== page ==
So based on what you chose to prioritize in your conversation after the game, how much do you really care about his effort, or toughness, or courage, or selflessness? If you’ve chosen to make the qualities of a champion some secondary, nonessential part of the conversation – or not part of the conversation at all – then what have you helped your son understand about what you value?
You've said you value the winning or losing. You value the number of hits, or points, or shots. You value the opportunity to judge the referees and his teammates and his coach. You value all those things more, apparently, than the opportunity you have to help build him into a champion. When will that conversation happen? Later? Never? If so, then how important, really, is developing your son’s effort, or toughness, or courage, or selflessness in your eyes? And, in turn, how important will developing them become to your son? Not prioritizing those things is proof that maybe you aren't seeing what really matters.
On the other hand, what message does it send to your son if your conversation after the game is centered around the talents of a champion. What if those were right in the forefront of your post-game breakdown?
“I could tell you were tired, but that didn’t stop you from giving your best out there. That’s what it’s all about, no matter the circumstances.
I love seeing you give everything you’ve got!”
“You got knocked down, but you kept getting back up.
Last year you might have quit, but not now. Your toughness is growing, I can see it!”
“It seemed like you were nervous, but I love that you were courageous enough to go for it anyways.
A lot of guys wouldn’t even have tried. That’s so important!”
“I always appreciate that you're such a great teammate.
You probably gave more high-fives today than anyone out there. Keep it up!”
What you care about most is making sure your son knows that these are the areas where you’re paying attention. Sure, the scoreboard matters. And yes, his athletic performance matters, too. (Depending on his age, those things might matter a lot.) But conversation-starters like these help your son see what you’ve chosen to prioritize. The more you pay attention to them, the more you encourage your son to grow in these areas, and the more you hold him accountable when he doesn’t meet the standard you think he’s capable of – in short, the more you emphasize that these are the things you really value? Then the more he will learn to value them, too.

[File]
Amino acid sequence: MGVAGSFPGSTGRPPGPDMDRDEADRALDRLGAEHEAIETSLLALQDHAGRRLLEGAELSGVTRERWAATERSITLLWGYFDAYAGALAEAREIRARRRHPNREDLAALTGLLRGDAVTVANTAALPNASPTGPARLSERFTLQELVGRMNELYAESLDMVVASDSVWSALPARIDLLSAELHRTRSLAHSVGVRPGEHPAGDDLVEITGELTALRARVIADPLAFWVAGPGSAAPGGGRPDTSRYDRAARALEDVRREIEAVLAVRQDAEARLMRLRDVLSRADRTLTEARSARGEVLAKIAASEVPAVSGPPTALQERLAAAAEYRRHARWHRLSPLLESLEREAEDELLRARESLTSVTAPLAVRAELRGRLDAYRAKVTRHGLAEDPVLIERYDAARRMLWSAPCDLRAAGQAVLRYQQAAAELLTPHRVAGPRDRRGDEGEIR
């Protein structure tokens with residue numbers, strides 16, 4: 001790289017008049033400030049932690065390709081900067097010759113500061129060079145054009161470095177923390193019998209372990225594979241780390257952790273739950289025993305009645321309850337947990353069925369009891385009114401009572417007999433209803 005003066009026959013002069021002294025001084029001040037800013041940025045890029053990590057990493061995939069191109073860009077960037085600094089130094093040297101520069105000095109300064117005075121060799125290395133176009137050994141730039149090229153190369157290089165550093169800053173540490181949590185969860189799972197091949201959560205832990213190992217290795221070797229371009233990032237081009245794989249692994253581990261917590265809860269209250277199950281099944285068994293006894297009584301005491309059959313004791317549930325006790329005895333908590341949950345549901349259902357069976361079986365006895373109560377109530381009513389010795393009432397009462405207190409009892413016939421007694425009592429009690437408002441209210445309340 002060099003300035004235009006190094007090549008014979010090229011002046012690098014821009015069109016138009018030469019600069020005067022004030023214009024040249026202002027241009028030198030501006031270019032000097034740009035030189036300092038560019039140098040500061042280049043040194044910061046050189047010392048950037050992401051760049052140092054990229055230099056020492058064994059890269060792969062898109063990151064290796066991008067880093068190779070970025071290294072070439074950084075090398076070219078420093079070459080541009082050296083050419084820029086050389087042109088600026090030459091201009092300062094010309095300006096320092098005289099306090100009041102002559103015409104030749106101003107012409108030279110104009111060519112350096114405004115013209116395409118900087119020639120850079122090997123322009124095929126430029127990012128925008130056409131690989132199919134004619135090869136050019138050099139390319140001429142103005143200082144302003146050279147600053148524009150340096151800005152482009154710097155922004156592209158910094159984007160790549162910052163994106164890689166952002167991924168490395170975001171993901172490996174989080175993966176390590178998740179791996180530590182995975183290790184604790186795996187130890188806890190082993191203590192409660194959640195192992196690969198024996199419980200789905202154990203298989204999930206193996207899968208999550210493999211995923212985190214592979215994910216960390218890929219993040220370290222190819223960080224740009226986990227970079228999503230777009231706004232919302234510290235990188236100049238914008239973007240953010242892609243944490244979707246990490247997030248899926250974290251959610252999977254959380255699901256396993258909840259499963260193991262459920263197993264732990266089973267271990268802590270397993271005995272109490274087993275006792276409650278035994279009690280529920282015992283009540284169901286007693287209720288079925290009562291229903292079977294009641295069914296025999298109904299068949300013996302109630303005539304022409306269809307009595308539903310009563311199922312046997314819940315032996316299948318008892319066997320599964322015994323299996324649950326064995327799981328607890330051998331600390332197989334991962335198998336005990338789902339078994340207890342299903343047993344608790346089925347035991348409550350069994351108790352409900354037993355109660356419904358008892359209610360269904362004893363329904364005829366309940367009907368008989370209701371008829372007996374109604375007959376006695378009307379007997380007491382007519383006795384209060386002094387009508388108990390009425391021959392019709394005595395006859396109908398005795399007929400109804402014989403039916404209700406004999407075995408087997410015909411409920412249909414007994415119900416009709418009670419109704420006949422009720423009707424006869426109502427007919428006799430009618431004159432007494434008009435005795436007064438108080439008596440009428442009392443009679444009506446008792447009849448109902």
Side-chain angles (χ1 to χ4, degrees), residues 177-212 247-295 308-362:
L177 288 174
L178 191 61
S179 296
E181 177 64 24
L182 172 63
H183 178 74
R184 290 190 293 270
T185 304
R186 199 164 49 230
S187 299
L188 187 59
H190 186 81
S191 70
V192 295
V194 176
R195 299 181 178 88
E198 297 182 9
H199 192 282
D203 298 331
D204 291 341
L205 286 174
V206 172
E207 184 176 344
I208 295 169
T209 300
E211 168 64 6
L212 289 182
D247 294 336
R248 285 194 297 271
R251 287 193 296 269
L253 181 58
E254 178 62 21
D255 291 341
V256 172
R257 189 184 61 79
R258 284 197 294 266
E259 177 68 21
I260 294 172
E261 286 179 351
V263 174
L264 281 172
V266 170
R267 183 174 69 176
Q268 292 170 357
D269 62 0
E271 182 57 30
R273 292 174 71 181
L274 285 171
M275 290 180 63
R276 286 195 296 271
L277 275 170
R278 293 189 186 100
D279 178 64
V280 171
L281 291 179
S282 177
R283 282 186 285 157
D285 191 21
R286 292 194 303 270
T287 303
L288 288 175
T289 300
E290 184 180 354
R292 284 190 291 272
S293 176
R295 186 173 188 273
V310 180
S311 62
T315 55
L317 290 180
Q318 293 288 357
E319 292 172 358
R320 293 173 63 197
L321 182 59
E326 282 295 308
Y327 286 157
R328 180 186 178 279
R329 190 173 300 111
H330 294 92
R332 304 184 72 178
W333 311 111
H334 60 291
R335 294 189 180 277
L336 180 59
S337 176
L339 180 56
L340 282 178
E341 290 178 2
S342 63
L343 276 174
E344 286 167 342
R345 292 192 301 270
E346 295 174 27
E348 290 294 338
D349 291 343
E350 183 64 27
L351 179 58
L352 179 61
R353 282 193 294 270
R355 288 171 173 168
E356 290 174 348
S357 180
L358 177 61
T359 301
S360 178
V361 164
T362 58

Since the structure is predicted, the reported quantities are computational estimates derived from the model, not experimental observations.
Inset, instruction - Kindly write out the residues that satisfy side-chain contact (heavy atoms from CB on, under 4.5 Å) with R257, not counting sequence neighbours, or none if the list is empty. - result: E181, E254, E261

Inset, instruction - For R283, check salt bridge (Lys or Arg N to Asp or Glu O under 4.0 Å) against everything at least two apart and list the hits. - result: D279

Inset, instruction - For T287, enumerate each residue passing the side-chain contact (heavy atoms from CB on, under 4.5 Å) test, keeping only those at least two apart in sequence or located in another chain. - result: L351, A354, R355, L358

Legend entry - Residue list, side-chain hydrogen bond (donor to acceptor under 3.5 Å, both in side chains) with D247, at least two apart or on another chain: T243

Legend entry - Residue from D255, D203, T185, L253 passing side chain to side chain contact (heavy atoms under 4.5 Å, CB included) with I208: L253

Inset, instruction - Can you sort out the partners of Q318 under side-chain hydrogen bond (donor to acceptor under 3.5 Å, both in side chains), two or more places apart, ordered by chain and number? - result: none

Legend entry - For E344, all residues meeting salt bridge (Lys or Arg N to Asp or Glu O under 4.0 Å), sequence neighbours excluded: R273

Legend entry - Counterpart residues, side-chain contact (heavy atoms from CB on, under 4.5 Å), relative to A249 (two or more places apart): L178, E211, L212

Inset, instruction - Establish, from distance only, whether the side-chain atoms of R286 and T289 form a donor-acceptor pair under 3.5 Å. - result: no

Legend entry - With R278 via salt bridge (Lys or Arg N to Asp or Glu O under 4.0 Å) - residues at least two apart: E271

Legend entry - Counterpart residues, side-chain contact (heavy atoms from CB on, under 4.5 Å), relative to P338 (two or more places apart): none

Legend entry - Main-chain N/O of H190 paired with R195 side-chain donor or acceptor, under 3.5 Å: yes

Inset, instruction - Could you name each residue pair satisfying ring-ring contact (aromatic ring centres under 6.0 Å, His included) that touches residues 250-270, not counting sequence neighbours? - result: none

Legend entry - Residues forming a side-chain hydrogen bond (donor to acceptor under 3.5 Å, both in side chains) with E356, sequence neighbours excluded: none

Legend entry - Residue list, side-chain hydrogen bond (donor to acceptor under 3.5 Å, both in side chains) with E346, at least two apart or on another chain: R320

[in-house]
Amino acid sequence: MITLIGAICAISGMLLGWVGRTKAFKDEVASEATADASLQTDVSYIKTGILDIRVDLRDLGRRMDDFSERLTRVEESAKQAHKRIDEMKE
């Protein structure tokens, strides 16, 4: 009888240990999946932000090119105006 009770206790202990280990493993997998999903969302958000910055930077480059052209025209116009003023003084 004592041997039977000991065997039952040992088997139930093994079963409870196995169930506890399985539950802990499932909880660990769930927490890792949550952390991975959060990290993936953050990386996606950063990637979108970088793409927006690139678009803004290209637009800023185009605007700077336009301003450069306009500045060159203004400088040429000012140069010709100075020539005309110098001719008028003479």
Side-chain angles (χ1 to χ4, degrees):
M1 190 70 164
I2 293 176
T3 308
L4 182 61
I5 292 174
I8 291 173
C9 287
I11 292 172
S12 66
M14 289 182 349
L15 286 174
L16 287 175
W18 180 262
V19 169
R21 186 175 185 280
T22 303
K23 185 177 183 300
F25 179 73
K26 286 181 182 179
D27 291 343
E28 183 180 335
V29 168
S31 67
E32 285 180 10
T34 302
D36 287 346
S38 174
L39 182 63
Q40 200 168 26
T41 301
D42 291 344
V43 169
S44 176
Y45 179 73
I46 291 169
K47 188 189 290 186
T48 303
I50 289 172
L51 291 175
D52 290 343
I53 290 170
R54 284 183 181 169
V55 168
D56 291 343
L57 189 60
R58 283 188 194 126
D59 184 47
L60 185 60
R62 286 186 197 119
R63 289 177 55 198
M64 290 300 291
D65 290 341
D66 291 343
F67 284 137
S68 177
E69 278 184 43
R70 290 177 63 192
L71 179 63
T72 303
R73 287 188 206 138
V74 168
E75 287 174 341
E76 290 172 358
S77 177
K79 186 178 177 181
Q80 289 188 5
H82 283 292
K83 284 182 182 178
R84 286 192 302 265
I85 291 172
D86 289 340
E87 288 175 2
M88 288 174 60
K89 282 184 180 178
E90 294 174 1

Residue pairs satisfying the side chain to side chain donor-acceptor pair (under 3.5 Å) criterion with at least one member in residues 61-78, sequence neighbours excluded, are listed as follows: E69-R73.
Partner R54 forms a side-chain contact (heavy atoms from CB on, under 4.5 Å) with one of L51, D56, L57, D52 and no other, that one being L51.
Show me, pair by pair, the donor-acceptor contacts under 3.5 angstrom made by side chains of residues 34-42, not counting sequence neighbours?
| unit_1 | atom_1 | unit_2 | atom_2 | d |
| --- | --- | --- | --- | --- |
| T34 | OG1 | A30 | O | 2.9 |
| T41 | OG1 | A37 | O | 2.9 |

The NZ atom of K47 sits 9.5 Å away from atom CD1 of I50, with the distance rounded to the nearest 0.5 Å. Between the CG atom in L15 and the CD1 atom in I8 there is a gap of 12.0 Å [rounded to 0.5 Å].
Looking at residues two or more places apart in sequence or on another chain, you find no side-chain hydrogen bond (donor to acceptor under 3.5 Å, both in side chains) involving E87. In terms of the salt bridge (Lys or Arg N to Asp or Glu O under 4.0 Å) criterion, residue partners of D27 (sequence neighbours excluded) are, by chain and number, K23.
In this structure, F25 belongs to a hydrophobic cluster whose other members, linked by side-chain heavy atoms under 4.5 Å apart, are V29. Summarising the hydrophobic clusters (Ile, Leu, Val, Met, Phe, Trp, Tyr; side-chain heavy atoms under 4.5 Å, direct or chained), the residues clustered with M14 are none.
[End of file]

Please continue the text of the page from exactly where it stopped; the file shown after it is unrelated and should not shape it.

The same can be said for the conversations your son hears you having with others about who he is on the playing field or beyond. When someone asks you how his game went or what kind of season it’s been, what does your response reveal that you really care about? Have you considered the impact it might have on your son if he heard you say to someone else, “He made some nice shots, but you should have seen this kid’s toughness. I’m so proud of him!” Or maybe, “Yeah, I love how hard he can hit it, but I love even more how hard he plays.” You might be surprised how empowering that can be to your son, and how highlighting to others the talents he possesses can help to fuel his growth in those areas even more.
In the end, it’s pretty simple. What you choose to emphasize is what your son will learn to value. If you’re serious about raising a champion athlete and man, then it’s time to start making that the priority in his experiences. You’ve made a huge investment in his life as an athlete, and it’s obvious you care…just make you know about what.